The purpose of a natural language, such as English and Japanese, is to describe facts, thoughts, and feelings. Mankind thinks in the language and the particular language determines the way we think. Yukihiro "Matz" Matsumoto, creator of the Ruby programming language, asks whether programming languages influence human thought as well.
Matz discusses what makes a good programming language. It helps human thoughts, helps you think better, and makes you a better programmer. For example, assembly language is hard for humans, so higher level languages help human expression. He reviews the five quality factors for program language usability. He takes his general discussion of programming languages to show how well Ruby follows the factors and how he used natural language principles to create a useful language.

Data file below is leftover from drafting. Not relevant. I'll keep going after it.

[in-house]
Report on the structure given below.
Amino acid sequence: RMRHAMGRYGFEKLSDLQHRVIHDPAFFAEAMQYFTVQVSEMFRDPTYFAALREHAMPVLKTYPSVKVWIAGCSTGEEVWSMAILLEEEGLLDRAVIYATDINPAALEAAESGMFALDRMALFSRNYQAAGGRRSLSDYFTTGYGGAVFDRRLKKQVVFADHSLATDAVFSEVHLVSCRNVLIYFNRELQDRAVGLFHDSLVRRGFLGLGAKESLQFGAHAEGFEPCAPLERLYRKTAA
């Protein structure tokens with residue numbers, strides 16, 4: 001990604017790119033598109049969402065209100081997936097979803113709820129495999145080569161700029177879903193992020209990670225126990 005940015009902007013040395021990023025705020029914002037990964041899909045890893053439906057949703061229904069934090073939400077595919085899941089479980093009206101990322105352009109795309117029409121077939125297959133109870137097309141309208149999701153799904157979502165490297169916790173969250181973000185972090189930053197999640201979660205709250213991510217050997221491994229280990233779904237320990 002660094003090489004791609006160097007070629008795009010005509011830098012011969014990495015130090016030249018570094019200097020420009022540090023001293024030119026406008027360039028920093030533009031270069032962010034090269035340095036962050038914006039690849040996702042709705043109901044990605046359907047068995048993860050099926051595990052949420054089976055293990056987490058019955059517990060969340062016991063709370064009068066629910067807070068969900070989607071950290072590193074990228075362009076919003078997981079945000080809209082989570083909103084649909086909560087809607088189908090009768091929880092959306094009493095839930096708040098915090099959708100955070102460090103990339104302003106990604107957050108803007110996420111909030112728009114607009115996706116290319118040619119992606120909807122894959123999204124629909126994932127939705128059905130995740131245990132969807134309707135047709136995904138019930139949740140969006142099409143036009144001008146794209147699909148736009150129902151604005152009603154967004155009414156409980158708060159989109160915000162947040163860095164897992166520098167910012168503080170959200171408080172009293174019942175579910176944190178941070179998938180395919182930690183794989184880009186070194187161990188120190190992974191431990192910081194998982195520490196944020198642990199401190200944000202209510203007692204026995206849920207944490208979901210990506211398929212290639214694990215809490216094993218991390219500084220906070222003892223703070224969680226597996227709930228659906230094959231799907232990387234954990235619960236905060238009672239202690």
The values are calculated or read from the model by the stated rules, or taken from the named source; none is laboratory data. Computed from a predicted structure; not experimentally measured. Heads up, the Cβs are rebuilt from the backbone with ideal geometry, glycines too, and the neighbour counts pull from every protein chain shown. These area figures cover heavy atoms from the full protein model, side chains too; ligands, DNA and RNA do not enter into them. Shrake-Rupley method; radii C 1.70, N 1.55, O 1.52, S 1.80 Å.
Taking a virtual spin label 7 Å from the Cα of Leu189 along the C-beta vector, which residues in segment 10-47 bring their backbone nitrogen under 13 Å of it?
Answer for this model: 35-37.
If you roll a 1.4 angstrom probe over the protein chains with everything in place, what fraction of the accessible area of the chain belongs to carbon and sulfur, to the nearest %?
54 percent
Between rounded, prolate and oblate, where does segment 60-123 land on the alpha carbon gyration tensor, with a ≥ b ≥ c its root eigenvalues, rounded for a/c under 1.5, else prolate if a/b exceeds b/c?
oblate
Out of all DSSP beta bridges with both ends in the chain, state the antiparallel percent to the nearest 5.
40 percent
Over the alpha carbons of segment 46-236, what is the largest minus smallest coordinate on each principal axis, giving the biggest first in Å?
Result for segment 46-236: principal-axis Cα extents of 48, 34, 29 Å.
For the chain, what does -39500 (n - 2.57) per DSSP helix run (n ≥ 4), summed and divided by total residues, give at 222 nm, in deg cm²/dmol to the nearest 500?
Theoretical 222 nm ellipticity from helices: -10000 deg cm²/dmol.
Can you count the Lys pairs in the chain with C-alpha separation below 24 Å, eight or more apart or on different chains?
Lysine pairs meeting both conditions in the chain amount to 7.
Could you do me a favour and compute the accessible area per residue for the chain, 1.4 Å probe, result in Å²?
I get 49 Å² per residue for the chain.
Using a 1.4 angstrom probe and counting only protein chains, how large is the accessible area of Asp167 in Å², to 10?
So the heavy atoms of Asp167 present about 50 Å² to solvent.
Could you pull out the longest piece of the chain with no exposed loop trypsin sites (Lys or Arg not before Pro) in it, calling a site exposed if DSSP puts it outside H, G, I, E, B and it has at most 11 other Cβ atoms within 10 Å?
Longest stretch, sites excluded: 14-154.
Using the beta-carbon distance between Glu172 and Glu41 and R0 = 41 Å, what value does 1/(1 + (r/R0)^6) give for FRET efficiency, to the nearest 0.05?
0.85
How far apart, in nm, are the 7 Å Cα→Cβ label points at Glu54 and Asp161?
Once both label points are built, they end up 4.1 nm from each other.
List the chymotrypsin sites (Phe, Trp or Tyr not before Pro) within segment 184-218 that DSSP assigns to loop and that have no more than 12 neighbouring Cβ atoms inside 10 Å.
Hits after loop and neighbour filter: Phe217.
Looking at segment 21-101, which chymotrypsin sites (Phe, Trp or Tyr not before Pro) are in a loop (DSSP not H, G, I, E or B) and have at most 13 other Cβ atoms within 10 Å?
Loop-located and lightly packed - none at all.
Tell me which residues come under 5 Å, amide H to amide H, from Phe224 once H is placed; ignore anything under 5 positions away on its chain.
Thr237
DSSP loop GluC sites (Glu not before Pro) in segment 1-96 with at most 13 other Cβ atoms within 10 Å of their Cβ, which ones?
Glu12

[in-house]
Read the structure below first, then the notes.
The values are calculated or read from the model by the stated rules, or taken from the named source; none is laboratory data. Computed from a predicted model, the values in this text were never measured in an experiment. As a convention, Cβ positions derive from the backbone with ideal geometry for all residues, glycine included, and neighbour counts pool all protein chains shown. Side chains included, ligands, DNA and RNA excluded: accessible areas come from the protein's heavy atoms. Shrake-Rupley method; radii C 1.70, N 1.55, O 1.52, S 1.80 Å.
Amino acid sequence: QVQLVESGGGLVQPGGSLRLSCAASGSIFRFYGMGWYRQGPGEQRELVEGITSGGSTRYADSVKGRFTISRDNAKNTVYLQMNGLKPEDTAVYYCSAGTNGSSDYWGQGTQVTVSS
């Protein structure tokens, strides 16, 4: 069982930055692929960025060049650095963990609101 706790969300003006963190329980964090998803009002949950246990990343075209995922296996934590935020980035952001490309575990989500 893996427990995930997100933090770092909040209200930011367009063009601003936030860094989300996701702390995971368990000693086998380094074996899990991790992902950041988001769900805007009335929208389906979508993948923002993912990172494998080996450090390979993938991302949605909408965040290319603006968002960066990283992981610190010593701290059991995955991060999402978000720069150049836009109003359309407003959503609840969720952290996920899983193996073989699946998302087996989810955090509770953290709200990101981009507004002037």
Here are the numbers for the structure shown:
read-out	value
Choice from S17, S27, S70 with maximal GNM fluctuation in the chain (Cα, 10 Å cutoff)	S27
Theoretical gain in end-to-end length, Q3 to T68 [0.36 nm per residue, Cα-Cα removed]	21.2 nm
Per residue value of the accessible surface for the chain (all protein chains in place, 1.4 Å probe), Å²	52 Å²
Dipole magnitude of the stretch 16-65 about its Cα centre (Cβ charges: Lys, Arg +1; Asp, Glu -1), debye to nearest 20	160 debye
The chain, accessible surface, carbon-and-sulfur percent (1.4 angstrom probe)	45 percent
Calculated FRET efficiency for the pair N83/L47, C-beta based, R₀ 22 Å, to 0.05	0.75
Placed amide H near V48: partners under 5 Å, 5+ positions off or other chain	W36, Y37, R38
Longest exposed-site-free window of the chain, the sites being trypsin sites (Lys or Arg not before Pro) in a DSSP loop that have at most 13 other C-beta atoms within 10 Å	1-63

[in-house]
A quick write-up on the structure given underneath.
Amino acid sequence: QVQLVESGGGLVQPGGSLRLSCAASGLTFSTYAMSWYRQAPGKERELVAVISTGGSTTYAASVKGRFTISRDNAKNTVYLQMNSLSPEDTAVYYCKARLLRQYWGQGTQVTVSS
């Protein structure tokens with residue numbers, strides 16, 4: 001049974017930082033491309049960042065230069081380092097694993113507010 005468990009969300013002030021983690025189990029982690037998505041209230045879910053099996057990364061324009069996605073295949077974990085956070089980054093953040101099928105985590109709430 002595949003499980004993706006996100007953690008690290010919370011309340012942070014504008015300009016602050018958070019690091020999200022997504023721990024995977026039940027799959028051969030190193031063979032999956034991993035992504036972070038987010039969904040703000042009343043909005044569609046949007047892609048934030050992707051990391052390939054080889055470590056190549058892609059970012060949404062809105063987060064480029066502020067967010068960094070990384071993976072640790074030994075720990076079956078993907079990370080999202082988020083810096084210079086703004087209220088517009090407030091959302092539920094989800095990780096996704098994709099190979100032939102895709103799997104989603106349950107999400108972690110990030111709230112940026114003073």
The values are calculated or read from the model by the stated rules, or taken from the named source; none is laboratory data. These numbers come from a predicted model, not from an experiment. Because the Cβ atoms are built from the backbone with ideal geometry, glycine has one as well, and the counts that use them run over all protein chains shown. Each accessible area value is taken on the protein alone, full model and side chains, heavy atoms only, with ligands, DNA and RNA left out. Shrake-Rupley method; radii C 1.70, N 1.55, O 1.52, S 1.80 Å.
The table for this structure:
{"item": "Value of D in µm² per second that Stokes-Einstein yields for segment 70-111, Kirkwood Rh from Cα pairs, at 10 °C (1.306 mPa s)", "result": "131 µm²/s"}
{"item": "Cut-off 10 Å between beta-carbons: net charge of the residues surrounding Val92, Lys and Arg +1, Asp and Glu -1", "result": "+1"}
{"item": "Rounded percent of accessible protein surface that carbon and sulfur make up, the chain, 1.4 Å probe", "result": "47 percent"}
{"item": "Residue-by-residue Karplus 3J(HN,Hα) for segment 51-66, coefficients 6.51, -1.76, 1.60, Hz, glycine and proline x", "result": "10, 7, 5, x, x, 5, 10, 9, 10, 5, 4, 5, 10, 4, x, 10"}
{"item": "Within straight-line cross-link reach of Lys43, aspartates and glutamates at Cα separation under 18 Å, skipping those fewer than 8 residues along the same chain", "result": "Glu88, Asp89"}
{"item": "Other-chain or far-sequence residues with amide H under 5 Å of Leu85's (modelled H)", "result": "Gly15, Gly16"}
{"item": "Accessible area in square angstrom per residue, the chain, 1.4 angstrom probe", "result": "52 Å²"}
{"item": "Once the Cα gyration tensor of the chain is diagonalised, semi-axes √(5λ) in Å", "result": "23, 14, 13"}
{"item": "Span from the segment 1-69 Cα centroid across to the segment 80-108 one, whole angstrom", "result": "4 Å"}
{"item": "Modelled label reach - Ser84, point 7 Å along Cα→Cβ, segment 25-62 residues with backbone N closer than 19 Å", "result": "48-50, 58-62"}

Yukihiro Matsumoto, a.k.a. Matz is a Japanese computer scientist and free software programmer best known as the chief designer of the Ruby programming language. Born in Osaka prefecture, in western Honshu, he was a self-taught programmer until the end of high school. He graduated with an information science degree from Tsukuba University, where he associated himself with research departments dealing with programming languages and compilers. Matsumoto is the head of the research and development department at the Network Applied Communication Laboratory, an open source systems integrator company in Shimane prefecture.
This free podcast is from our Technometria with Phil Windley series.